10 things you need to know before you do your taxes this year
An easier home office deduction, joint federal returns for married same-sex couples and higher taxes for the wealthy are a few of the key changes for tax year 2013.
Fri, Feb 07, 2014 at 01:38 PM
Photo: Melissa Hincha-Ownby
The IRS opened for tax season on Jan. 31, 2014, and that means millions of Americans across the country are in the throes of tax preparation "bliss." There are a few important changes that taxpayers need to know before sitting down to fill out their tax paperwork this year, though. From a simpler process to claim the home office deduction to new tax rates for high-income earners, find out what’s different for tax year 2013 and what might be changing in 2014.
1. Easier home office deduction
For work-from-home warriors, the home office deduction can help reduce tax liability. Unfortunately, the concern about the deduction raising red flags at the IRS has deterred some home-based workers from claiming this deduction. In addition to audit concerns, the process to calculate the deduction was complicated. One of the highlights of the new simplified option is that taxpayers can take a standard deduction of $5 per square foot. For more information, visit the IRS website: Simplified Option for Home Office Deduction.
2. Joint federal returns for married same-sex couples
Gay marriage is a divisive topic for many, but not for the Internal Revenue Service. Starting with tax year 2013, married same-sex couples in one of the 17 states that have legalized gay marriage are able to file their tax returns under the married filing jointly status. For more information, read the IRS FAQ for married same-sex couples.
3. Higher threshold for medical deductions
Prior to tax year 2013, medical expenses in excess of 7.5 percent of a taxpayer’s adjusted gross income (AGI) were deductible. This threshold has been raised to 10 percent for the majority of taxpayers for tax year 2013. The only exception is taxpayers who were aged 65 or older at the end of 2013, to whom the 7.5 percent threshold still applies.
4. New tax rates for high-income earners
High income earners, which can be defined as those who earn more than $200,000 ($250,000 for married couples) are paying more in taxes – and the increase isn’t just limited to income tax. The top income tax bracket increased from 35 percent to 39.6 percent, but other increases include an additional 3.8 percent tax on unearned income and additional 0.9 percent Medicare tax.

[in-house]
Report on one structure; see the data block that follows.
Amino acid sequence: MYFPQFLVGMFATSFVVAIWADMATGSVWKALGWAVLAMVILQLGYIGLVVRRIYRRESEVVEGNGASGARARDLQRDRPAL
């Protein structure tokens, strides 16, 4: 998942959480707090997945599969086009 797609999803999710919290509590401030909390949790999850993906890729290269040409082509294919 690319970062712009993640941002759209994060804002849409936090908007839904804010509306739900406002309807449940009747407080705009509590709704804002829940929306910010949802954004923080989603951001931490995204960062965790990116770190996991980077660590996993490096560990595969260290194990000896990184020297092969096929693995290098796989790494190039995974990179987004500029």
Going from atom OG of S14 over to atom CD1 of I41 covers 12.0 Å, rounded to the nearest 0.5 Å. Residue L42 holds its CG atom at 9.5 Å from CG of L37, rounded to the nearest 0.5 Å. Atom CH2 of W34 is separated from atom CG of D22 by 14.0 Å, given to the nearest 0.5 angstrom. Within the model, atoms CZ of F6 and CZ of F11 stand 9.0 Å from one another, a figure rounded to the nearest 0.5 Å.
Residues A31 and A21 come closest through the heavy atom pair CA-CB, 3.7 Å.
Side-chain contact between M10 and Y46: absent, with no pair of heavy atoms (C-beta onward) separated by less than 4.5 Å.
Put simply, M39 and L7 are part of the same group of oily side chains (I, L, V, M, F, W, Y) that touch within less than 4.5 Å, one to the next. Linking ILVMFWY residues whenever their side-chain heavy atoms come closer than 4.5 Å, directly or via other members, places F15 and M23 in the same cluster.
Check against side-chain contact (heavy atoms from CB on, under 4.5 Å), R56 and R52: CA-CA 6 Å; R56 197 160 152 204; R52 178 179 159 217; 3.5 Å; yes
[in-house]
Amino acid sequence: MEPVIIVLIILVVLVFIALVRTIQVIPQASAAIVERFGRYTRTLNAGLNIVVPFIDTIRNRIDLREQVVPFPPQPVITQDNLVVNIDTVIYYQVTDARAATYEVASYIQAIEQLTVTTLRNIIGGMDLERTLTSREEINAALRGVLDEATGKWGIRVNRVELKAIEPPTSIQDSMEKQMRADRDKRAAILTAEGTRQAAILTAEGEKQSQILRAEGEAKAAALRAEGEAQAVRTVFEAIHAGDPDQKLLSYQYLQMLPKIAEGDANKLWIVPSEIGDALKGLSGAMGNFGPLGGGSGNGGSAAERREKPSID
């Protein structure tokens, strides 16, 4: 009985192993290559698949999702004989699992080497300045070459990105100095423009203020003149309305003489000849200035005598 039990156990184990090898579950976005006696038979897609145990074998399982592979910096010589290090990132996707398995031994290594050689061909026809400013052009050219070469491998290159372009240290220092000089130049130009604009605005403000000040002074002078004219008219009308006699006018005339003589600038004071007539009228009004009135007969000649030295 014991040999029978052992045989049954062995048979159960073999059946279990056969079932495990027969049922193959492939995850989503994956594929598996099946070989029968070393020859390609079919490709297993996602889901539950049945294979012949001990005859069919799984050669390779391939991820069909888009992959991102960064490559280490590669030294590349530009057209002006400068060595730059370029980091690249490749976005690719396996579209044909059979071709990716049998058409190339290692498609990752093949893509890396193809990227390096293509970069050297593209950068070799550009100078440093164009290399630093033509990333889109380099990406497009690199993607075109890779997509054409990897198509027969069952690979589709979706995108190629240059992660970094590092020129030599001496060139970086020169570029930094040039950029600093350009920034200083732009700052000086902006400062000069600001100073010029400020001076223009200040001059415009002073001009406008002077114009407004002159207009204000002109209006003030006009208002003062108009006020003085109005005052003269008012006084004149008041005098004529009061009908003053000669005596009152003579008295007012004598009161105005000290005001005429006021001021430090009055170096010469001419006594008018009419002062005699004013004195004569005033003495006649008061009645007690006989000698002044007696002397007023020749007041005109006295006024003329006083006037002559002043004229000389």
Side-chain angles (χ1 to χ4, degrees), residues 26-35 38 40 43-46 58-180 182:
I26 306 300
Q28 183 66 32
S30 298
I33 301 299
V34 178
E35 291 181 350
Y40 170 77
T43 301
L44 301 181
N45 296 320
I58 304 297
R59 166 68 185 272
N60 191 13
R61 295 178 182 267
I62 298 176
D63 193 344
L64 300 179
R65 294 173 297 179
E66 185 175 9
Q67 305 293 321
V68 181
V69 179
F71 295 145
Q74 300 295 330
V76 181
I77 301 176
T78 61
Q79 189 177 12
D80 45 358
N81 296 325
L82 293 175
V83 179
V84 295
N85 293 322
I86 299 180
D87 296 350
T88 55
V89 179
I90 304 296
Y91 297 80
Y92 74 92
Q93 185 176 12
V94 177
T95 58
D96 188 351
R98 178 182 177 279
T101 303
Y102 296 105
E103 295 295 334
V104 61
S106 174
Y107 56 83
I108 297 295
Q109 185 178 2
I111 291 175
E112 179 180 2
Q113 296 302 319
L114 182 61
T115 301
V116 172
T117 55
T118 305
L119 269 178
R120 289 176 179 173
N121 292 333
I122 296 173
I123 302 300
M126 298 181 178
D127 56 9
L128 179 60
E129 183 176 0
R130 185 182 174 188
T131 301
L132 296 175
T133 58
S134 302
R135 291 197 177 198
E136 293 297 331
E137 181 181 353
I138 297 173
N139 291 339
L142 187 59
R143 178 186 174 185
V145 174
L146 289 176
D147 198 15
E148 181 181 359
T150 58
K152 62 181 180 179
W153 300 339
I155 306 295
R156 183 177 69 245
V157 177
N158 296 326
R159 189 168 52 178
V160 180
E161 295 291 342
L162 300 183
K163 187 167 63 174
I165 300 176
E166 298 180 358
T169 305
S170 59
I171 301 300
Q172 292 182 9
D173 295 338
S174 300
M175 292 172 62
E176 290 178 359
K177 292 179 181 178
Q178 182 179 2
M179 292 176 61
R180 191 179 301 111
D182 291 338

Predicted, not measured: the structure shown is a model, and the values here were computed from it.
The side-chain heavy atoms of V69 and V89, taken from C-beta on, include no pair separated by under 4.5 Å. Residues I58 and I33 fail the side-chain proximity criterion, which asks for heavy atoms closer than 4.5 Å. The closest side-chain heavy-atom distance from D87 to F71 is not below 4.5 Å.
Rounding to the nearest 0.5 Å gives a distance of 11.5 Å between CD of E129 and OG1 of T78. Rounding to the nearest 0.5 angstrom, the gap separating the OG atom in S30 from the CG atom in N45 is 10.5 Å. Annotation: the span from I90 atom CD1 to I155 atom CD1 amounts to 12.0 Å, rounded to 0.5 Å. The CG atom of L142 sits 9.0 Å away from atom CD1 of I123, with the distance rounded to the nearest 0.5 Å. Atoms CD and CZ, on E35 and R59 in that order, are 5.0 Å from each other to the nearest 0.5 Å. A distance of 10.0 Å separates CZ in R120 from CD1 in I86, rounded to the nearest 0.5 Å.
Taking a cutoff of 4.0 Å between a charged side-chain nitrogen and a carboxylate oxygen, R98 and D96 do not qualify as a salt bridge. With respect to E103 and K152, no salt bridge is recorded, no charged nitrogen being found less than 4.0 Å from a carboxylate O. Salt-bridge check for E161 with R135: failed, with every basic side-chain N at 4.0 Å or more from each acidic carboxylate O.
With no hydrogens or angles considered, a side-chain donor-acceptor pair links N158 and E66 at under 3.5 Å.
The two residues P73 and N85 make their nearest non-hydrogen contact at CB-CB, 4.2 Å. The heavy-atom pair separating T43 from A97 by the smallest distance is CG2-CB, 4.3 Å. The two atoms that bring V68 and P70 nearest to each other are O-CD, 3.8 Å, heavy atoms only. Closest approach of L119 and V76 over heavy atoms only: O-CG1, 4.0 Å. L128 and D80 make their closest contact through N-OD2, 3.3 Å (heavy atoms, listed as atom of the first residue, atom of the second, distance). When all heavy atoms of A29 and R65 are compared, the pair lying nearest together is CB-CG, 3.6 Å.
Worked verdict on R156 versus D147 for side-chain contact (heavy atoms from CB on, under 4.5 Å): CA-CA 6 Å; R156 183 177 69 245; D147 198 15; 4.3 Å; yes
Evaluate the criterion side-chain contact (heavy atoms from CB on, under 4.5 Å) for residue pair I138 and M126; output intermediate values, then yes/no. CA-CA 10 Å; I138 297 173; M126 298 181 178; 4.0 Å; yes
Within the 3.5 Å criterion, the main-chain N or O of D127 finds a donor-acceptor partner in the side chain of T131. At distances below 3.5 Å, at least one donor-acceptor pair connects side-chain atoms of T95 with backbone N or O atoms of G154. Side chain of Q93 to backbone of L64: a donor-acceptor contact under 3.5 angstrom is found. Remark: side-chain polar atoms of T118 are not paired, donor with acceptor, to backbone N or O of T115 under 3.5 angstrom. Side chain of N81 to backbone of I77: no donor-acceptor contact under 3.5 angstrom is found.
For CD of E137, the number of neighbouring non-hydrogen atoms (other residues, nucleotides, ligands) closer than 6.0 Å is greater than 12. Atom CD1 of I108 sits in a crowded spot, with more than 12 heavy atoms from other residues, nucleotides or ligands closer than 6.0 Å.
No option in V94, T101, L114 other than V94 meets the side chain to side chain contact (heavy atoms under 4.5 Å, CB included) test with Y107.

5. Higher personal exemption
The personal exemption increased by $100, to $3,900 for tax year 2013. This exemption applies to eligible taxpayers and their dependents. However, a new phase-out rule is in place that limits the amount of the exemption for high-income earners.
6. Itemized deduction and personal exemption phase-outs
High-income households are also being hit with new itemized deduction and personal exemption phase-outs. These itemized deduction changes may impact charitable contributions, mortgage interest, state, local and property taxes and more for individual taxpayers with an adjusted gross income (or AGI) higher than $250,000 and joint filers with an AGI above $300,000.
7. IRA contribution cap increase
Taxpayers aged 50 and older can now take advantage of a higher cap on Individual Retirement Account (IRA) contributions. Taxpayers who meet the criteria can now contribute up to $6,500 annually. IRA contributions for the 2013 tax year can be made through April 15, 2014.
8. Flexible Spending Arrangements limits
Prior to tax year 2013, the IRS did not impose a cap on contributions made to a health flexible spending arrangement account (FSA). According to the IRS, “Health FSAs are subject to a $2,500 limit on salary reduction contributions for plan years beginning after 2012. The $2,500 limit is subject to an inflation adjustment for plan years beginning after 2013.”
9. Standard mileage rate
The standard mileage rates used by the IRS have increased for tax year 2013. The standard rate for a personal vehicle used for business is now 56.5 cents per mile. The rate for a vehicle used for transportation to receive medical care or for moving is now 24 cents per mile.
10. Changes for the coming year
There were several federal income tax deductions and credits that expired at the end of 2013, and while these changes won’t impact your 2013 tax return, this information will be helpful for 2014 tax year planning. Deductions and credits that expired include:
- The option to deduct state and local sales taxes instead of state and local income taxes.
- Teachers will no longer be able to deduct $250 for school expenses.
- The $500 credit for energy-efficient home improvements will expire.
- Mortgage debt canceled during a short sale or foreclosure will now be subject to federal income tax.
These are just a few of the many changes that taxpayers can expect to see when they prepare their 2013 tax returns. It's important to note that everyone’s tax situation varies, and taxpayers are encouraged to contact their tax professional with any questions or concerns.
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